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CO2 from industrial processes will become a valuable resource for sustainable fuels

Since the beginning of the energy transition, the percentage of renewable energies in the German electricity system has become higher than ever before, with new peak values being reached every year. In order to be able to store the fluctuating renewable energy in the medium term, power-2-gas plants are needed to convert the temporary power surpluses into chemical compounds. According to forecasts, an electricity storage volume of 20TWh will already be required in 2020 in order to guarantee the stability and security of the supply network. While the current electricity storage volume in Germany is 0.06 TWh, the storage volume for natural gas is already 230 TWh. The existing natural gas network is the ideal storage facility that can also store additional amounts of gas without the need for expensive conversions. These days it is already possible to produce hydrogen by means of PEM electrolysis and up to 10% can theoretically be added to the natural gas network. By adding CO2, methane can also be produced from hydrogen.

German companies are currently researching and subsequently demonstrating how this surplus electricity can be used in the transport sector. This was the reason a number of universities and companies came together in the E2Fuel project to investigate the possibilities of renewable fuel production.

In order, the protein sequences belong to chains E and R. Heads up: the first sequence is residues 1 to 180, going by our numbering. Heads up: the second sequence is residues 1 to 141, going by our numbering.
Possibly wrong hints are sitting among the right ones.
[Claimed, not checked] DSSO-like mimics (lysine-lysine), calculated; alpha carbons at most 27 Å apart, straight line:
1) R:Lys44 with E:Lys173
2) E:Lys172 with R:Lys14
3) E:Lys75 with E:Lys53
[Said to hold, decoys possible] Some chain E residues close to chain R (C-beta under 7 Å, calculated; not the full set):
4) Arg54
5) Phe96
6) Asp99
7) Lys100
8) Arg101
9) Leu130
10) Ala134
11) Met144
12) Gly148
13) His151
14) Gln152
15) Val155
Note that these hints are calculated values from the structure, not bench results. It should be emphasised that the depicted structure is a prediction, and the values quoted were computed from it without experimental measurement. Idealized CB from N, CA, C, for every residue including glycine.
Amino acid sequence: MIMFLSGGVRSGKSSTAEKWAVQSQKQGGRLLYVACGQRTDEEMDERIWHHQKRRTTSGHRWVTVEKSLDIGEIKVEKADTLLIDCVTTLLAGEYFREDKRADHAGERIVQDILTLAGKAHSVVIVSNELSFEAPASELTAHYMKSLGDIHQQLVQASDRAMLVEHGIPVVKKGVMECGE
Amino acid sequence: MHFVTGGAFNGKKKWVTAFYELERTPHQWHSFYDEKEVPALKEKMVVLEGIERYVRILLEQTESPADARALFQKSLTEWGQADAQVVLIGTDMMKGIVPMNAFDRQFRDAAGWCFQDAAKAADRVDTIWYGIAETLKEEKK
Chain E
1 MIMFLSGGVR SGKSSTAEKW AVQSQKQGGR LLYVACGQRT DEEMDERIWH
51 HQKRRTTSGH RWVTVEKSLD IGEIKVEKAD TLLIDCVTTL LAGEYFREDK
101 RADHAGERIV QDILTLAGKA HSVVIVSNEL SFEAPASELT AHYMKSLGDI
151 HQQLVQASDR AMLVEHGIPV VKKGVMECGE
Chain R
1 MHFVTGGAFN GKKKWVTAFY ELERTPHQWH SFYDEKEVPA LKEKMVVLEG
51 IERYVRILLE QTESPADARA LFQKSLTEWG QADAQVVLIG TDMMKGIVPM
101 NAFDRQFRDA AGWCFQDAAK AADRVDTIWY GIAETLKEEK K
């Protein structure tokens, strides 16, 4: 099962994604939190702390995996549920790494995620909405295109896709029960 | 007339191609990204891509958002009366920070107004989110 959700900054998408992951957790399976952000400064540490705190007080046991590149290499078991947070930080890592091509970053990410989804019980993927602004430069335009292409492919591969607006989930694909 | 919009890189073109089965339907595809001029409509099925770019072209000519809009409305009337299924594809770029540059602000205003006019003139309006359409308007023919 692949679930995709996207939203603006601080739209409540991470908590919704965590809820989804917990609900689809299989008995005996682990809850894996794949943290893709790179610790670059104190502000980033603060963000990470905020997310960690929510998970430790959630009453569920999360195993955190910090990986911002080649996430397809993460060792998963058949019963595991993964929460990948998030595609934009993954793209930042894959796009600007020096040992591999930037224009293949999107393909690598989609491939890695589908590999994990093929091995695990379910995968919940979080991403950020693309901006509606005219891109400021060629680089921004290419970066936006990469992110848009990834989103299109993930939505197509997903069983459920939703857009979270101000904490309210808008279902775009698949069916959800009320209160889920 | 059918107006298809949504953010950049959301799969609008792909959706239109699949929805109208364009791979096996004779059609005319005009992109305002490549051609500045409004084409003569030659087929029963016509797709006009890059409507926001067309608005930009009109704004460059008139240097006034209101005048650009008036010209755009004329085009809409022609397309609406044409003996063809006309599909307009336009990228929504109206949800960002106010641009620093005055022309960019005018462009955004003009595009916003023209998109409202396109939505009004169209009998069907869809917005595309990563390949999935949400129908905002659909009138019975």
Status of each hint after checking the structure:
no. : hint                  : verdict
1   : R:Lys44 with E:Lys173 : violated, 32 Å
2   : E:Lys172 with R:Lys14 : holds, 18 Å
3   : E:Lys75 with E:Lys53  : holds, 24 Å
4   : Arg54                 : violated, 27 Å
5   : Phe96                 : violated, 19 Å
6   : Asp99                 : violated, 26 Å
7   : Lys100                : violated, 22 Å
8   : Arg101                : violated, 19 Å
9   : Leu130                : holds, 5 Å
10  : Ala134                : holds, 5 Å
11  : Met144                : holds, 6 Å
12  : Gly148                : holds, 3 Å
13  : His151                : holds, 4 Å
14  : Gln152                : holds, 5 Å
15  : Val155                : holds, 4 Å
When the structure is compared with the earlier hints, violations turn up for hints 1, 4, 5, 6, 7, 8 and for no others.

In a sub-project, MAN Energy Solutions is retrofitting a ship’s engine that was previously operated with heavy fuel oil as is common in the industry. A new type of engine will now make dual-use possible and can be operated with both LNG and sustainable methane gas with a fluctuating hydrogen content. In the future, LNG can also be produced from hydrogen and CO2 using sustainably produced methane. In addition to building a demonstrator, the company is developing a methane catalyst that is supplied locally with hydrogen and CO2.

Independent of this, the Centre for Solar Energy & Hydrogen Research ZSW is investigating the potential of locally available CO2. Even though all combustion engines emit CO2, of course, the central major emitters are identified here. At conventional power plants, biogas plants or large chemical and industrial plants, CO2 is produced in tappable quantities. In future, the availability of CO2 producers in a region could determine what potential there is for sustainable fuels. As a result, ZSW will produce a map with the expected potential. Of course, the economic efficiency of sustainable fuel production will also be taken into consideration.

Siemens and its Power & Gas Division are also involved in research on the project. Their aim will be to analyse the process chain for the production of hydrogen and methanol and to improve the existing control and process technology. In addition, a technology roadmap will be drawn up to identify further research needs.

The Federal Ministry of Economy and Energy is supporting this research with subsidies from 2018 to 2021.